I auditioned for LTYM in winter 2015 after I read the poster asking people to read their original writings on motherhood. Hadn’t written a word yet, but my heart knew I had a good shot when I contemplated writing about my twin gay sons’ coming out. It’s a good story. I have decent skill as a wordsmith. My sons said, “Go for it Mom.” So—I wrote, auditioned and made it.
I rehearsed with my cast sisters, reading with ease and a bit of flair. The day of the performance, I thought, “I’ve got this! I’m used to public speaking and performing.” What I didn’t factor, was the hefty emotion of telling this very personal story with my sons and husband in the audience. I was at turns confident and a hot mess. Looking up where those pieces of my heart sat, I expressed the depth of my mother-love. My sons were laser-focused on me, trusting me to tell it true—that very intimate part of their story. I did them proud, so they told me after the show. Read the rest of this entry →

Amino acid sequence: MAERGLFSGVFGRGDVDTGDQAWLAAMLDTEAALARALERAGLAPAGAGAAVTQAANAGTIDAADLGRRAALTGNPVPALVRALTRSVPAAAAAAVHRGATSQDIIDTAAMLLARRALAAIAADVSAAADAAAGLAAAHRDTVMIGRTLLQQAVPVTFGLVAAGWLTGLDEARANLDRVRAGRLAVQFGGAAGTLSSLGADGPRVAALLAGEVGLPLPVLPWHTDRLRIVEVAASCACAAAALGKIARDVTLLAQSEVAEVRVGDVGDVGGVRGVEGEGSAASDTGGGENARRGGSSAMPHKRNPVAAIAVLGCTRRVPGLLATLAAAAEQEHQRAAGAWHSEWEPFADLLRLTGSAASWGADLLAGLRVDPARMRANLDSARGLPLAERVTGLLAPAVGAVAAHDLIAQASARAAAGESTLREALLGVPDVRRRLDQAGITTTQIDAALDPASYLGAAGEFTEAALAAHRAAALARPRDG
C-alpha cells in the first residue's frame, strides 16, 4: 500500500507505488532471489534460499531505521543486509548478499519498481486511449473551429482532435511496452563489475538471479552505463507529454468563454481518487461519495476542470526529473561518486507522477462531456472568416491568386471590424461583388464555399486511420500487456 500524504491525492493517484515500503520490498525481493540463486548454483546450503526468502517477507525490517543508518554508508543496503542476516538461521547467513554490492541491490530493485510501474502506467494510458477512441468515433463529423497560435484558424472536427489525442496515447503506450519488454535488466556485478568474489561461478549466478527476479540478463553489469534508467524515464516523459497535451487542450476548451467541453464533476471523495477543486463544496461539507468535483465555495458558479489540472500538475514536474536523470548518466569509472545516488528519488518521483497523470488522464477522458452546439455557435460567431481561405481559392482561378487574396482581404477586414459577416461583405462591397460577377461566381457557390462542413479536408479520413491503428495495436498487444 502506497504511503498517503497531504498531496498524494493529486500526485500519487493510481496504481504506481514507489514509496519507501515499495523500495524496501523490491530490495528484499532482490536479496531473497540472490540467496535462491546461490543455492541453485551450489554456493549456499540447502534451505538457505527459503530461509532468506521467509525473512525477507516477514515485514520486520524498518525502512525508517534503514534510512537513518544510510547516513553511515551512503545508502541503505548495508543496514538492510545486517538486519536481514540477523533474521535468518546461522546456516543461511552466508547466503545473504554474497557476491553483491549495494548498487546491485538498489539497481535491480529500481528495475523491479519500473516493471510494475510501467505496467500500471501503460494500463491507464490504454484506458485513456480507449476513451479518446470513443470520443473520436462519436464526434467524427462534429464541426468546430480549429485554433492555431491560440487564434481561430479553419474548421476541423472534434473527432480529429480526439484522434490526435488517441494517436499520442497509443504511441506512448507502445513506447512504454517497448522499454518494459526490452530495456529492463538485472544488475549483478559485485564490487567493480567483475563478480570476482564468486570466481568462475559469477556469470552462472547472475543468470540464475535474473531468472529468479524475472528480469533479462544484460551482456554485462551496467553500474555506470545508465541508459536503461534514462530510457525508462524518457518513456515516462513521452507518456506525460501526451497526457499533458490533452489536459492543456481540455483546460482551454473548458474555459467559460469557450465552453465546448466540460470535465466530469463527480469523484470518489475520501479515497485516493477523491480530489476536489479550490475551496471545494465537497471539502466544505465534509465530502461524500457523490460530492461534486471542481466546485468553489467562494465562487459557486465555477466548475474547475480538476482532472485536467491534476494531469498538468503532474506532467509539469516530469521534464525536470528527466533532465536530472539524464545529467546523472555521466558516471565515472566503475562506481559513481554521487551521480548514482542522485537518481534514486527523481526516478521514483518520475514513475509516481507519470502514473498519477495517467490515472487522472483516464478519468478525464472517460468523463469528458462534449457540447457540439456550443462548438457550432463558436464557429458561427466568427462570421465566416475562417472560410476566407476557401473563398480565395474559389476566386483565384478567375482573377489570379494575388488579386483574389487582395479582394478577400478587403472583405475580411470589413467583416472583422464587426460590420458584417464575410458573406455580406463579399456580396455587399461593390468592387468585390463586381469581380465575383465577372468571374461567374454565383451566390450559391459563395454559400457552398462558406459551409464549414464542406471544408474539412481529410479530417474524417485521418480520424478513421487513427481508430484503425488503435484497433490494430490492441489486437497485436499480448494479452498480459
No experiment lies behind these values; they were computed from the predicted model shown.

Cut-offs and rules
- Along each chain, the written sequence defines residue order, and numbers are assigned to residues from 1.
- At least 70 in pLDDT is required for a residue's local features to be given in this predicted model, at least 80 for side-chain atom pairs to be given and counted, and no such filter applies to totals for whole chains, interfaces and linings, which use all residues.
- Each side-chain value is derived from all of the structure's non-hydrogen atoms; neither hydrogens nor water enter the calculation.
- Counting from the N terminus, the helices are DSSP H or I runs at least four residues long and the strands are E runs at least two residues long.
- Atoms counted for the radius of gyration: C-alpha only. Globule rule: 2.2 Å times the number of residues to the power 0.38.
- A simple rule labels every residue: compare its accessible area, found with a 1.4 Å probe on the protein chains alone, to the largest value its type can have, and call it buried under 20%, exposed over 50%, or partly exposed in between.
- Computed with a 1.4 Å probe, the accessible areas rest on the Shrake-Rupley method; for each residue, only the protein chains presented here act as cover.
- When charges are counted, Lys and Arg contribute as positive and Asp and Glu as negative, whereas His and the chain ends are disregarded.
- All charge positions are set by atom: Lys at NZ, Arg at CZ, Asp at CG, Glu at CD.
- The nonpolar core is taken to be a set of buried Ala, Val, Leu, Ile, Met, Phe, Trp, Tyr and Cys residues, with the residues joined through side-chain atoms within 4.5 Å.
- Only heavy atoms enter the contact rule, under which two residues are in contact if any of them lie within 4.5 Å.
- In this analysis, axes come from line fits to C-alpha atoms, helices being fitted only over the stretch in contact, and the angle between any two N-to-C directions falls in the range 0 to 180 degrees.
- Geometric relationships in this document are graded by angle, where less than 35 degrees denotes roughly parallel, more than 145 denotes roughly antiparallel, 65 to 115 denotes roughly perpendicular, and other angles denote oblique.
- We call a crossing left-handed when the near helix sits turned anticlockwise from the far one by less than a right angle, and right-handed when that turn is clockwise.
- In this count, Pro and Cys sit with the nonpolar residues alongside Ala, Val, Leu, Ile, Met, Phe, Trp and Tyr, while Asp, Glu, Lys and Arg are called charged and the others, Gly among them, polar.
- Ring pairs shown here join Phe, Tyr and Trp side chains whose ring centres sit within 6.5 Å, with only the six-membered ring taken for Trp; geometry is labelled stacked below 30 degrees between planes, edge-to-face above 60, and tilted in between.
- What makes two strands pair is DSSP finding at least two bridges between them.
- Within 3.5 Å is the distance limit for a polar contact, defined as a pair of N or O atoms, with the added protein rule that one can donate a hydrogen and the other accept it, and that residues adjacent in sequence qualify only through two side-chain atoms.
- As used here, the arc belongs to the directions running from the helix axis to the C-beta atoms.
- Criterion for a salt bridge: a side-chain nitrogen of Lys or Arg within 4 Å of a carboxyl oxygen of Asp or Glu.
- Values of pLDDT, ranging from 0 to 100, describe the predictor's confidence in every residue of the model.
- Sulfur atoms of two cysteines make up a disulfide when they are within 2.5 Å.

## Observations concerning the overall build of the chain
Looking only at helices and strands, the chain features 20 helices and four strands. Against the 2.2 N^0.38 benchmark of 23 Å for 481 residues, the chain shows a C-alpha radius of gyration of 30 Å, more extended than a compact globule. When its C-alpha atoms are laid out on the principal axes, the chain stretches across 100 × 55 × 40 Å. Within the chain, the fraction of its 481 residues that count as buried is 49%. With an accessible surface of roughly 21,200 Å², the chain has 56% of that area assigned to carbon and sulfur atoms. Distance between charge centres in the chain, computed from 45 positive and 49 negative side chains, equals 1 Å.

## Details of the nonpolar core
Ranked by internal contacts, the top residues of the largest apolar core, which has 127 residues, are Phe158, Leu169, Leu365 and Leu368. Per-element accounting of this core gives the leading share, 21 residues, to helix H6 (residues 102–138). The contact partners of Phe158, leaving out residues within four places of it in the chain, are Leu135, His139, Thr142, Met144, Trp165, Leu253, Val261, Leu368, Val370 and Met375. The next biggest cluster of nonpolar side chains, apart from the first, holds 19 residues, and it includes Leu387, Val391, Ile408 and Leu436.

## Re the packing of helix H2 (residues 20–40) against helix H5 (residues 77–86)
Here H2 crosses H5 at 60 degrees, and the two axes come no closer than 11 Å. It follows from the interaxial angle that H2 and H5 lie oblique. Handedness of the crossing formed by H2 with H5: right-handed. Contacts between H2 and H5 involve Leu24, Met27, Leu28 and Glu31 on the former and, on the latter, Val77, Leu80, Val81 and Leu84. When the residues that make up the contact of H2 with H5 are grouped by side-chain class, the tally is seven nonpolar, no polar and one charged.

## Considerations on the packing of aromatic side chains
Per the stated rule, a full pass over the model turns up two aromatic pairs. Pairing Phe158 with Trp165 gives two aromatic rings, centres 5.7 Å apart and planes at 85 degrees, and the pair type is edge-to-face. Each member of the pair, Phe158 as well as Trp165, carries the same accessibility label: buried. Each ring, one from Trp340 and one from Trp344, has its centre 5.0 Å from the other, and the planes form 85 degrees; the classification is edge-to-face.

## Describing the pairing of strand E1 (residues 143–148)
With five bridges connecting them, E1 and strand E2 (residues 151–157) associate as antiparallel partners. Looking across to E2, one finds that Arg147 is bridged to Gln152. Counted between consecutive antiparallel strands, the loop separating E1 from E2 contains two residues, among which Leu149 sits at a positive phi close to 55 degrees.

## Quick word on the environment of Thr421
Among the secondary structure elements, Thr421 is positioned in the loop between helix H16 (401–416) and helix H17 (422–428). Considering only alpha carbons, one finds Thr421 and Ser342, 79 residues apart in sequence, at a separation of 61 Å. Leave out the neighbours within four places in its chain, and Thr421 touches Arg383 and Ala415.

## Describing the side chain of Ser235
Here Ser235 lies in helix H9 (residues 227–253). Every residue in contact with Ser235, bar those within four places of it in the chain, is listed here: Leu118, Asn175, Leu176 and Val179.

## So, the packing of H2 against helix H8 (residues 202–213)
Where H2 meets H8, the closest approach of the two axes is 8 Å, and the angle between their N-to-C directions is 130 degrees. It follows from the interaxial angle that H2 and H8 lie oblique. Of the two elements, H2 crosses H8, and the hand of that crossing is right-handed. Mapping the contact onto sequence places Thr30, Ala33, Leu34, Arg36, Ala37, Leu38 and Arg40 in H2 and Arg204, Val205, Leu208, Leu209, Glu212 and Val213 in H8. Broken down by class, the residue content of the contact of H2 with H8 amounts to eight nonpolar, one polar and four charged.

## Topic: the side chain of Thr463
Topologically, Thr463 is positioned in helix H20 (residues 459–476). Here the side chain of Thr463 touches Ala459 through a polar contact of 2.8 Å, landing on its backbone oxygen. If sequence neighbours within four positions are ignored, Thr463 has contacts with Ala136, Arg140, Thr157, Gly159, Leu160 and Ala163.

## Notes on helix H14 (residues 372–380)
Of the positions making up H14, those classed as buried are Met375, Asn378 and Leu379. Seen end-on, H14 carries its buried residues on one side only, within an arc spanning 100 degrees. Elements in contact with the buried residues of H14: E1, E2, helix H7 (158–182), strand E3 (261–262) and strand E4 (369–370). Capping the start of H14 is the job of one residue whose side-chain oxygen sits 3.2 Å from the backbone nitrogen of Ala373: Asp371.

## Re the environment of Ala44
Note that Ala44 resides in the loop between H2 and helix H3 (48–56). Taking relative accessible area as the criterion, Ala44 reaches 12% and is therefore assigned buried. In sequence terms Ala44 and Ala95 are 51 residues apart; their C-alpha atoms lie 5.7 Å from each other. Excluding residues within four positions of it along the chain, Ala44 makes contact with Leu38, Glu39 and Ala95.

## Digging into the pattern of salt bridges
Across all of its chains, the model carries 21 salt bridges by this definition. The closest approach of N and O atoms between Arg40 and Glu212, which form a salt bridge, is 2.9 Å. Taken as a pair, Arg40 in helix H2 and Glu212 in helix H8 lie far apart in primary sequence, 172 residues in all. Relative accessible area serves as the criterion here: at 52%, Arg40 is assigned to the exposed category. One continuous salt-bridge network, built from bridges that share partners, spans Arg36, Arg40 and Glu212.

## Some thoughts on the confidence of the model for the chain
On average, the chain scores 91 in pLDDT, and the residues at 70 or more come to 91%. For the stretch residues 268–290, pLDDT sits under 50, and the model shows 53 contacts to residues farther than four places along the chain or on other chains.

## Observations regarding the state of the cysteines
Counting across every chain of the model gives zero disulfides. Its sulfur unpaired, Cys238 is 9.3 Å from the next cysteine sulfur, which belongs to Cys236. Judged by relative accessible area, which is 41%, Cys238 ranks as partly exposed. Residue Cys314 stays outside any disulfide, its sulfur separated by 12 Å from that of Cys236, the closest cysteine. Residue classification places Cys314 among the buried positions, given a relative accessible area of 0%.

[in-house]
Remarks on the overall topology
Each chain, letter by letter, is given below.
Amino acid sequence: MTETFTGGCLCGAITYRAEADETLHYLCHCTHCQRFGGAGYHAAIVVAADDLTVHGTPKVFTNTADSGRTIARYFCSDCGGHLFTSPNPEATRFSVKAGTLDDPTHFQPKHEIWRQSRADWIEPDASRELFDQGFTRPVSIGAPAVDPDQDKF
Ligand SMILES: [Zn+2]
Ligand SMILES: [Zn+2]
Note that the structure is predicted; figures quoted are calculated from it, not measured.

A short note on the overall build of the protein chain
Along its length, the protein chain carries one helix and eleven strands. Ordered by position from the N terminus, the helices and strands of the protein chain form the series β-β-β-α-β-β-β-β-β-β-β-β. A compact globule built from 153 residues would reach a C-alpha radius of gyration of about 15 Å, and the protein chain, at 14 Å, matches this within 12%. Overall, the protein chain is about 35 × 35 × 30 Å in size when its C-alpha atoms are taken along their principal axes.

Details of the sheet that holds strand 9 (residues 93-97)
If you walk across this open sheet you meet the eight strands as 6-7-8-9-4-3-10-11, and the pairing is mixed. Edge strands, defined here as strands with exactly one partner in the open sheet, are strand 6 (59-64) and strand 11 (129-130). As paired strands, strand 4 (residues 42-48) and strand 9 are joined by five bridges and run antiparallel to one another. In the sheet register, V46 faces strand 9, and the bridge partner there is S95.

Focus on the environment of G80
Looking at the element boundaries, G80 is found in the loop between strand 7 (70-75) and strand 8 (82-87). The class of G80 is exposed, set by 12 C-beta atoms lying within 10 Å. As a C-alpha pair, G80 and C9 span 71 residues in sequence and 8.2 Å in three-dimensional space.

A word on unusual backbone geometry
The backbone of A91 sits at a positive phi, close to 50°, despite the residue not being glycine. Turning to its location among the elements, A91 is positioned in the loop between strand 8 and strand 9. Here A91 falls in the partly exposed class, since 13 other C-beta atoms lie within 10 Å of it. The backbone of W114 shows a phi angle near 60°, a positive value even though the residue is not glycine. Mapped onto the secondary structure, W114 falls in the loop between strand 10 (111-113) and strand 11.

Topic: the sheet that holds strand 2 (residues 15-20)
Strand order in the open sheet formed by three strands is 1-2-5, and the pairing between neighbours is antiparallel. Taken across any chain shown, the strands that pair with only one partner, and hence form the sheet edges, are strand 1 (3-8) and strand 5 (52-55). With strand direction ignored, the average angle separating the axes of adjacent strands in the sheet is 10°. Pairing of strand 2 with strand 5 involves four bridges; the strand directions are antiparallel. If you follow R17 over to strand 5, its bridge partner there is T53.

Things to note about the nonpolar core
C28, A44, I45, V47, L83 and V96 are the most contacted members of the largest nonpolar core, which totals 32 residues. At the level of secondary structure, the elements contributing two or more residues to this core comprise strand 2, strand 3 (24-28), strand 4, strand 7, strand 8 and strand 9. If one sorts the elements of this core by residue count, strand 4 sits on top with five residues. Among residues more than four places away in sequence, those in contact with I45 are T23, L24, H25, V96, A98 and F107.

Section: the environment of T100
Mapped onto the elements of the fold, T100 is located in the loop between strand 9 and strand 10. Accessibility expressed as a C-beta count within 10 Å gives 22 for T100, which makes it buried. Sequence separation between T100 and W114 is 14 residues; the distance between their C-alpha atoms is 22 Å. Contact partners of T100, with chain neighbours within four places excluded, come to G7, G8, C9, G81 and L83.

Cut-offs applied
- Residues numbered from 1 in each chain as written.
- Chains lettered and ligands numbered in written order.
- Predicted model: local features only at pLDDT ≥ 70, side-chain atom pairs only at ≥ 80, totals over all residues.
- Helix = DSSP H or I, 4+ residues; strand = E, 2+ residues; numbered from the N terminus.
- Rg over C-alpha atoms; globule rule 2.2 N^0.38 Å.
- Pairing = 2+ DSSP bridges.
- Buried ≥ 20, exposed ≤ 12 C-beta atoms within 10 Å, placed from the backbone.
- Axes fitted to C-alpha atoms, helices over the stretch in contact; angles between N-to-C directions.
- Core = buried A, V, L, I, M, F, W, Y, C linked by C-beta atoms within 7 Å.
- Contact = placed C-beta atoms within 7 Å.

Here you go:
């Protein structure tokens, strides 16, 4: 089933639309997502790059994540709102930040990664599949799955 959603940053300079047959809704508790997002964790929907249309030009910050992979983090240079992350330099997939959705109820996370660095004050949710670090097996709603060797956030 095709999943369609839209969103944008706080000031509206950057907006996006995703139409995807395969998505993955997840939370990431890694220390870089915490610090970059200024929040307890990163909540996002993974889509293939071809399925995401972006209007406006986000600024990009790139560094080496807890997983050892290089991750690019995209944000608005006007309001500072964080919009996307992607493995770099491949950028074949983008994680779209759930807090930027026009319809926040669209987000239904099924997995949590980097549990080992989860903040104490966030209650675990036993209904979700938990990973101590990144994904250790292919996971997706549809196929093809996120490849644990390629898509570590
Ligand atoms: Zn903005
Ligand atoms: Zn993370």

“I raised my sons to be extraordinary, to see possibilities, not roadblocks.”—Vicky D’Agostino, LTYM 2015
On a snowy February day I made a pivotal decision in my journey to becoming a bona fide storyteller. While stirring my grande pike’s at Starbucks, I saw the poster announcing auditions for the 2015 Listen To Your Mother Baltimore Show to be performed on May 9. Listen To Your Mother (LTYM) “features live readings by local writers on the beauty, the beast, and the barely-rested of motherhood, in celebration of Mother’s Day in over 40 cities across the U.S.” I auditioned…drum roll … I was in! Part of a posse of cast sisters who share the common bonds of motherhood–as in we have mothers, are mothers, do not or do want to be mothers.